One of the most important points to emphasize to patients is not to overcook meats. A meat thermometer helps prevent overcooking, which would result in a dry, tough piece of meat. (See Table 2 for common food temperatures.4) Fouts recommends marinating meats in an acidic marinade for four hours to overnight. A marinade will not only infuse flavor but also break down muscle tissue. A typical marinade consists of an acidic liquid to tenderize, seasoning to add flavor, and oil to add moisture. A quick, homemade marinade he recommends consists of a citrus fruit (eg, orange, lemon, lime), a seasoning (eg, oregano, salt, pepper, garlic), and olive oil.2
For patients who have limited time to spend in the kitchen, options include buying premarinated meats, purchasing a rotisserie chicken, using canned meats (eg, chicken, tuna, salmon, crab) for meals, and crock pot cooking. When dining out, Fouts encourages patients to order fish and expensive cuts of meat. “The expensive cuts such as the tenderloin, rib eye, and top loin are all muscles that are worked the least and contain the most marbling of fat between the muscle to help baste the meat as it is cooking,” he explains. While these cuts will be higher in fat, keep in mind that the patient will be eating only a small portion of it.
Don’t Bypass Breakfast
To maintain consistent, permanent weight loss, patients should incorporate a morning meal into their diet. Research from the National Weight Control Registry, the largest prospective, ongoing study of long-term successful weight loss maintenance, reveals that 78% of their participants eat breakfast every day.5 For many banded patients, a solid breakfast is difficult to tolerate, and many complain of feeling “tight” in the morning. If this is the case, encourage patients to drink a balanced liquid meal replacement. They can purchase ready-to-drink varieties for convenience or make their own at home. Drinking a warm beverage in the morning before breakfast, such as tea or coffee, may help alleviate some tightness, especially if it is due to phlegm or mucus buildup in the stoma.
Keep It Real
It is important that patients have realistic expectations regarding anticipated weight loss and the time frame in which to achieve their goal. Weight loss success is measured by percent excess weight loss (%EWL). A collection of studies on banded patients in the United States have shown %EWL ranging from 39% to 50% at one year, 43% to 61% at two years, and 51% to 65% at three years.6-9 Some European and Australian studies have demonstrated 47% to 60% EWL at four years and beyond.10-13 To put that into perspective, if a patient who has 100 pounds to lose has lost 45 pounds within the first year, he or she would be considered successful by United States data standards.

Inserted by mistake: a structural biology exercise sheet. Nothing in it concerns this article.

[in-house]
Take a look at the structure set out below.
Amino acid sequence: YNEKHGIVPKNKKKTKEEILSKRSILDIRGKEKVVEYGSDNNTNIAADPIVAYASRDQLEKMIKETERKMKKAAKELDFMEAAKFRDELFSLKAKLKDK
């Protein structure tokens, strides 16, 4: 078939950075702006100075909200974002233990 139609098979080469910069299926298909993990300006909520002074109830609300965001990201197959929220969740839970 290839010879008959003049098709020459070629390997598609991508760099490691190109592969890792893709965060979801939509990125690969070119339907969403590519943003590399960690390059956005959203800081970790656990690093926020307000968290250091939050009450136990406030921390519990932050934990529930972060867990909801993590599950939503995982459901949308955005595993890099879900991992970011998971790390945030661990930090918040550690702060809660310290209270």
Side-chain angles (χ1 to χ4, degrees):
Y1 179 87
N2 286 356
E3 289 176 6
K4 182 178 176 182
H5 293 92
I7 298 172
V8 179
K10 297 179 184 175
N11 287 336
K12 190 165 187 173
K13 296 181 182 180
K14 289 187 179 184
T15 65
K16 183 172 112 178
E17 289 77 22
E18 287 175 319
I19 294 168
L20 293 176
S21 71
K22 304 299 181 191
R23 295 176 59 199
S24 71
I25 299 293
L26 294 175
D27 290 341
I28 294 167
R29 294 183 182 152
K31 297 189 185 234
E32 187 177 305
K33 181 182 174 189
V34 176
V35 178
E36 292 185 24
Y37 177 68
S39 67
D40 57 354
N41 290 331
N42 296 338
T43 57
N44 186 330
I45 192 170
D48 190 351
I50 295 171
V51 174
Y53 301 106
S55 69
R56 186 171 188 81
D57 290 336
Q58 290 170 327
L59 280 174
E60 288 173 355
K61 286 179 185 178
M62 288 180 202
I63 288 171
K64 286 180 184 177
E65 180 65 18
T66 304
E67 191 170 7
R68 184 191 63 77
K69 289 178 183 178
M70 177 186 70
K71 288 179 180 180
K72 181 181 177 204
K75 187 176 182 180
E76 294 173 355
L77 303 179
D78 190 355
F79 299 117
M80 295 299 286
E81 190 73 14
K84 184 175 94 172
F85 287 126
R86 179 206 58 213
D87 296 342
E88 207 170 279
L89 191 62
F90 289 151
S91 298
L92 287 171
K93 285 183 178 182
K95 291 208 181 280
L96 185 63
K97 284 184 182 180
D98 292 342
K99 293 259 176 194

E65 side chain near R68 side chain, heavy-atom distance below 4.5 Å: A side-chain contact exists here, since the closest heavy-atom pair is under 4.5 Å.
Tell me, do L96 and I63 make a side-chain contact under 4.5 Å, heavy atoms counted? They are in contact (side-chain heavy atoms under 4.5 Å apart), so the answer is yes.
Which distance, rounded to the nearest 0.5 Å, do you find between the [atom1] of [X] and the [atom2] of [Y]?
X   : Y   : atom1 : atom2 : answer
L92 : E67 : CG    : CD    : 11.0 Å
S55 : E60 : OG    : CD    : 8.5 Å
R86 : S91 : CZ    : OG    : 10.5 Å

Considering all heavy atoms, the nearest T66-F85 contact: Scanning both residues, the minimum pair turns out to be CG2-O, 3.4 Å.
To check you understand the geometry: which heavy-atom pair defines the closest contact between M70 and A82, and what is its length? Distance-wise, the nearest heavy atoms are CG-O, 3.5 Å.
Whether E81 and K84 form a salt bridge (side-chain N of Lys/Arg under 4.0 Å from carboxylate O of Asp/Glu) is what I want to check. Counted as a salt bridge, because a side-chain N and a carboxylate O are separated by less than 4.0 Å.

Let your patients know that it will most likely take them a couple of years to reach their goal weight. Emphasize the notion that the weight did not come on overnight; therefore, all will not be immediately lost. Also, stress the concept of permanence. As the majority of patients will say, “Diets don’t work.” They have all experienced the yo-yo phenomenon and are looking for a permanent solution, which the band can certainly aid in providing. However, the band cannot function alone. I often describe the patient/band relationship as one of symbiosis—one cannot work effectively without the other. The band cannot create weight loss on its own; thus, the patient is responsible for making appropriate changes. Likewise, the patient, while choosing nutrient-dense, naturally bulky foods, relies on the band to be responsible for keeping portion sizes in check while taming hunger. The patient is in charge of quality while the band is in charge of quantity. Together, they can reach desired goals.
One Is the Loneliest Number…
Some patients can have success without the help of others, but I would venture to say those individuals are few and far between. When counseling, be sure to ask patients whether they have an adequate support system of family, friends, coworkers, etc. If your program offers support groups, be sure to invite them to attend, even before the surgical event. Participating preoperatively will help them prepare for surgery while establishing a solid support network.
Support is not only intended for those who lack it at home. All postoperative patients, whether they experience smooth sailing or a bump in the road along their journey, can benefit from a support group. Studies have demonstrated the effect that support groups have on weight loss. Specifically, Elakkary et al found that LAGB patients who attended more than 50% of biweekly meetings over 12 months achieved more weight loss than nonattendees.14 “Support groups can foster correct eating patterns and compliance, improve psychosocial outcomes, and identify the need for further counseling,” the researchers conclude.